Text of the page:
Grammaticus sentence example

grammaticus
  • The tsar Theodore in 1587 exercised the power of the Byzantine emperors by deposing the metropolitan, Dionysius Grammaticus (Mouravieff, p. 125).
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  • Corresponding to Proserpine as goddess of the dead is the old Norse goddess Hel (Gothic Halja), whom Saxo Grammaticus calls Proserpine.
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  • Among later writers much valuable information is given by Ammianus Marcellinus, Jordanes, Procopius, Gregory of Tours, Bede, Paulus Diaconus, Widukind, Thietmar, Adam of Bremen and Saxo Grammaticus, as well as by the early laws and charters.
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  • The settlement gradually became a great resort for merchants, and thus acquired the name which, in a corrupted form, it still bears, of Kaupmannahafn, Kj6bmannshavn, or Portus Mercatorum as it is translated by Saxo Grammaticus.
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  • The great Saxo Grammaticus wrote his Historia Danica under the same patronage.
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  • He edited and published, at Paris in 1514, the Latin text of the old chronicler, Saxo Grammaticus; he worked up in their present form the beautiful halfmythical stories of Karl Magnus (Charlemagne) and Holger Danske (Ogier the Dane).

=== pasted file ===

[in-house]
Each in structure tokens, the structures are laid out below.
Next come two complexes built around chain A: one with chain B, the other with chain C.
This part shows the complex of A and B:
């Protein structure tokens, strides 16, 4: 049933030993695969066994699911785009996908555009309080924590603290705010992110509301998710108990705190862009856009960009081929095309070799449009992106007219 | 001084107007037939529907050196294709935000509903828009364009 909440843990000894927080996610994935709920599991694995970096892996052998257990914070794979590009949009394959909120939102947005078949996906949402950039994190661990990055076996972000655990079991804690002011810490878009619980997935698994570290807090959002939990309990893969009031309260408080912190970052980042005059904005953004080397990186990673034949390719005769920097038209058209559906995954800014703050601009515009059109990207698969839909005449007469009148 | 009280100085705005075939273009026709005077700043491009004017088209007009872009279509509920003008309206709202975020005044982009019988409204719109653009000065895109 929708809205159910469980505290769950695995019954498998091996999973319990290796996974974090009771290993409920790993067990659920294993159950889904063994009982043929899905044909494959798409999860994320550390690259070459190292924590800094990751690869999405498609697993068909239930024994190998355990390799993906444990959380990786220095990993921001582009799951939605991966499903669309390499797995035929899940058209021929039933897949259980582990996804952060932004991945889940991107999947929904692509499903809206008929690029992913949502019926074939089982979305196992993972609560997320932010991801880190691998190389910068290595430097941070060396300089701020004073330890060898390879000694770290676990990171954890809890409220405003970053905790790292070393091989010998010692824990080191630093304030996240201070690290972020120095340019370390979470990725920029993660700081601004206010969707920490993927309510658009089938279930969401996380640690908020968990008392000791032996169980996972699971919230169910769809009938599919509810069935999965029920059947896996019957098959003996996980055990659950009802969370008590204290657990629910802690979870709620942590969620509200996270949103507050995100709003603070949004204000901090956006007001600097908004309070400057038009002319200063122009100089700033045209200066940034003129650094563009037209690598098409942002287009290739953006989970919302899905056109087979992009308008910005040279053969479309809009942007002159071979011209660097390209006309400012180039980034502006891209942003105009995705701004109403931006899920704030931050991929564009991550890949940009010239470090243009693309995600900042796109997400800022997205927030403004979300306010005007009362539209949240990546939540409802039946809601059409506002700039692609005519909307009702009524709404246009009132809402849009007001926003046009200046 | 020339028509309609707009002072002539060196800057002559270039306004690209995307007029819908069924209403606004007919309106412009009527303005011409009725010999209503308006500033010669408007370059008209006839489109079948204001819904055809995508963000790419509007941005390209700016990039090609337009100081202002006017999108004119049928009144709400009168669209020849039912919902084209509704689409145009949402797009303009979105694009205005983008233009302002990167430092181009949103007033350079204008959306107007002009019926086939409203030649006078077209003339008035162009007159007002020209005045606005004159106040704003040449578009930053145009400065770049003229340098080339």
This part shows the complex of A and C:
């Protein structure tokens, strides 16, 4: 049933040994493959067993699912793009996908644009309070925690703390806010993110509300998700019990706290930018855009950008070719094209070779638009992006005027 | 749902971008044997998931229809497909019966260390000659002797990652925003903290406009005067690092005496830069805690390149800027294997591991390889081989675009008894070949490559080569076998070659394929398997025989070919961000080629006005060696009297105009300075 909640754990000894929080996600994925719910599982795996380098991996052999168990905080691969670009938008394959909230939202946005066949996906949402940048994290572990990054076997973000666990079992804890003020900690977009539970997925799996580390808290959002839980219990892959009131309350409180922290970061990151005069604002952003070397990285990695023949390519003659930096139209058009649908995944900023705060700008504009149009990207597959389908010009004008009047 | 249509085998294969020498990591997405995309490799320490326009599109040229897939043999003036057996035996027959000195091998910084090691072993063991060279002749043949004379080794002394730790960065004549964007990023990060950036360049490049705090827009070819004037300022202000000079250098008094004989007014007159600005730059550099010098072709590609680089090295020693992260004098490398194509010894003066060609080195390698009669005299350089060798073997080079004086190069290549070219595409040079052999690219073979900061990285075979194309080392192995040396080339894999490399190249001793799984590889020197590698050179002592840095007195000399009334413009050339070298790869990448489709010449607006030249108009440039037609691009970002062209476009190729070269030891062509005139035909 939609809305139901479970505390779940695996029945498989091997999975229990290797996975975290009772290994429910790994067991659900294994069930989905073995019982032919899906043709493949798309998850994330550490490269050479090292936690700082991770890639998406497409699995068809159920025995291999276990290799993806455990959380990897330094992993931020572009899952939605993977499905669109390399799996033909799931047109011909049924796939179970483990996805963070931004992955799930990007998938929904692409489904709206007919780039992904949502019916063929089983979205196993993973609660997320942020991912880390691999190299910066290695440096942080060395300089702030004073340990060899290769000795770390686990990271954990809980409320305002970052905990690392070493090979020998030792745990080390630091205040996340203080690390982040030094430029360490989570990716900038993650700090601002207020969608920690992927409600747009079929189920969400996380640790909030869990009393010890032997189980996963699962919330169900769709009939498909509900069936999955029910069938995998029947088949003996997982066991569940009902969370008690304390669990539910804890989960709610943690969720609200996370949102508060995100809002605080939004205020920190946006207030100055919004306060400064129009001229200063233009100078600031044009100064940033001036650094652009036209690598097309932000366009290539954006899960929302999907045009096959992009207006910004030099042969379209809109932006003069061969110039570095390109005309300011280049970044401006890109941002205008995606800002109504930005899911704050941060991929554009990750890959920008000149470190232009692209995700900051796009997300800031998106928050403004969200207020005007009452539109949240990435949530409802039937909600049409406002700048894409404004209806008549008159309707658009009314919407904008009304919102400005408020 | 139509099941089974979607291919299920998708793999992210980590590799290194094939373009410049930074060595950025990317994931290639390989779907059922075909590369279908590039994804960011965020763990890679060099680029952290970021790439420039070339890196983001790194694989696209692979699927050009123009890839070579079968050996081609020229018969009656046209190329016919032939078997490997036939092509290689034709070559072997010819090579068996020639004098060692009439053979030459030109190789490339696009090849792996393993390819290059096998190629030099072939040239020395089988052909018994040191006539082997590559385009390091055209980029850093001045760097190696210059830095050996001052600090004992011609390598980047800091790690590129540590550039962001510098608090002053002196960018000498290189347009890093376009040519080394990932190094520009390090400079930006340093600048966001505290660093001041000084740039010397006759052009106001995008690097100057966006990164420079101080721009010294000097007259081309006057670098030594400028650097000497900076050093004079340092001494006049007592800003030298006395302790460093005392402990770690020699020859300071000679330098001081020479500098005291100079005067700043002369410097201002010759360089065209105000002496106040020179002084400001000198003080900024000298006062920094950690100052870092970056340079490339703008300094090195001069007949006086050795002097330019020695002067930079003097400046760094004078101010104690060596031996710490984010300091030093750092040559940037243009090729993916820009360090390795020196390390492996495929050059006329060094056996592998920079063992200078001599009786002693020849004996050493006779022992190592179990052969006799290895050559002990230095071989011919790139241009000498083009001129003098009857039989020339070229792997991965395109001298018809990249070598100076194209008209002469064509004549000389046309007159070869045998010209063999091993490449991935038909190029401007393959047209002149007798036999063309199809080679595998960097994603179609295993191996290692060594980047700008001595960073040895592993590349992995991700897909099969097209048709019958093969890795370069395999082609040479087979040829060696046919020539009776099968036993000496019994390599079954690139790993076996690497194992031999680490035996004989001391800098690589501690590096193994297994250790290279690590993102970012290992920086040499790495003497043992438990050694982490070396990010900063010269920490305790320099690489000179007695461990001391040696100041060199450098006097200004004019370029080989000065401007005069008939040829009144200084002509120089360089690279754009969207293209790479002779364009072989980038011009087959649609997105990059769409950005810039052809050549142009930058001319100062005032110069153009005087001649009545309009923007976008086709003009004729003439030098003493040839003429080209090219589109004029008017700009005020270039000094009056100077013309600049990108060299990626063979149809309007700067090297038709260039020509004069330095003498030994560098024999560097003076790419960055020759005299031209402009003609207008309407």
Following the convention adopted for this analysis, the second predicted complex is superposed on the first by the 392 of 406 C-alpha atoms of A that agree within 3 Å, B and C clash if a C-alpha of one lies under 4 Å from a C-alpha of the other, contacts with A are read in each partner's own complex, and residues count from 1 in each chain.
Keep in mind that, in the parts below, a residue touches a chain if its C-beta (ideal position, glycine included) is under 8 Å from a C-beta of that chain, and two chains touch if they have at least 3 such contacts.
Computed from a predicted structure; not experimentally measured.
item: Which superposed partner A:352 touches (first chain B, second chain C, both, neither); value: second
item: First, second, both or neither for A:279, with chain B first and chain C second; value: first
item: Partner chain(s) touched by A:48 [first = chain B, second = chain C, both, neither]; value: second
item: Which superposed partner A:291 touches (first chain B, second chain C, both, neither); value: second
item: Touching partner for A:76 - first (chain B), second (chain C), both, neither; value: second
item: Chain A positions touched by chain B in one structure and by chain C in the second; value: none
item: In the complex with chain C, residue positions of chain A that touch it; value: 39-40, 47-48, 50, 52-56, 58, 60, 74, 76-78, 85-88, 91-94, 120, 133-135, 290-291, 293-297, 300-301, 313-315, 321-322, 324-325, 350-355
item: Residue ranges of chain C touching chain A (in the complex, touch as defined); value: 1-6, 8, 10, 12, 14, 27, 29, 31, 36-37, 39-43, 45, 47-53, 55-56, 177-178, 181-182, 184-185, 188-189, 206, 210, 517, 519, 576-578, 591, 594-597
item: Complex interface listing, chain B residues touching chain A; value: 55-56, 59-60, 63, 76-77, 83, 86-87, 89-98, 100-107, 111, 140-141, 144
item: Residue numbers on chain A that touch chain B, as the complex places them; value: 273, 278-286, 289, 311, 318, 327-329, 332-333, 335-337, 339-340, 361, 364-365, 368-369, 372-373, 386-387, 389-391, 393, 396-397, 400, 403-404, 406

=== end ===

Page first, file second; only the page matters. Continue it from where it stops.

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  • He published an excellent" translation of Saxo Grammaticus in 1575.
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  • In Saxo Grammaticus's account of Ragnar Lodbrog, this event seems to be reflected in the story of an expedition of Ragnar's to Bjarmaland or Perm in Russia.
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  • So it appears in the history given by Saxo Grammaticus of the voyage to Bjarmaland of one " Gorm the old."
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  • We see then that in virtue of some quite historical misfortune to the viking invaders, connected with a mist and with a great sickness which invaded the army, the place they have come to (in reality Paris) is in Scandinavian tradition identified with the mythic Bjarmaland; and later, in the history of Saxo Grammaticus, it is identified with the geographical Bjarmaland or Perm.
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  • The nearest approach to it now preserved is probably the code of laws attributed to the mythic king Fr061 (the Wise) and preserved in the pages of Saxo Grammaticus.
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  • The surname Grammaticus he assumed in virtue of his lectures on language and literature; that of Philoponus owing to the large number of treatises he composed.
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  • It is celebrated as the Elsinore of Shakespeare's tragedy of Hamlet, and was the birthplace of Saxo Grammaticus, from whose history the story of Hamlet is derived.
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  • Grimm, in Die deutsche Heldensage (2nd ed., Berlin, 1867), quotes the account given by Jordanes, references in Beowulf, in the Wanderer's Song, Exeter Book, in Parcival, in Dietrichs Flucht, the account given in the Quedlinburg Chronicle, by Ekkehard in the Chronicon Urspergense, by Saxo Grammaticus, &c. See also Vigfusson and Powell, Corpus poeticum boreale, vol.
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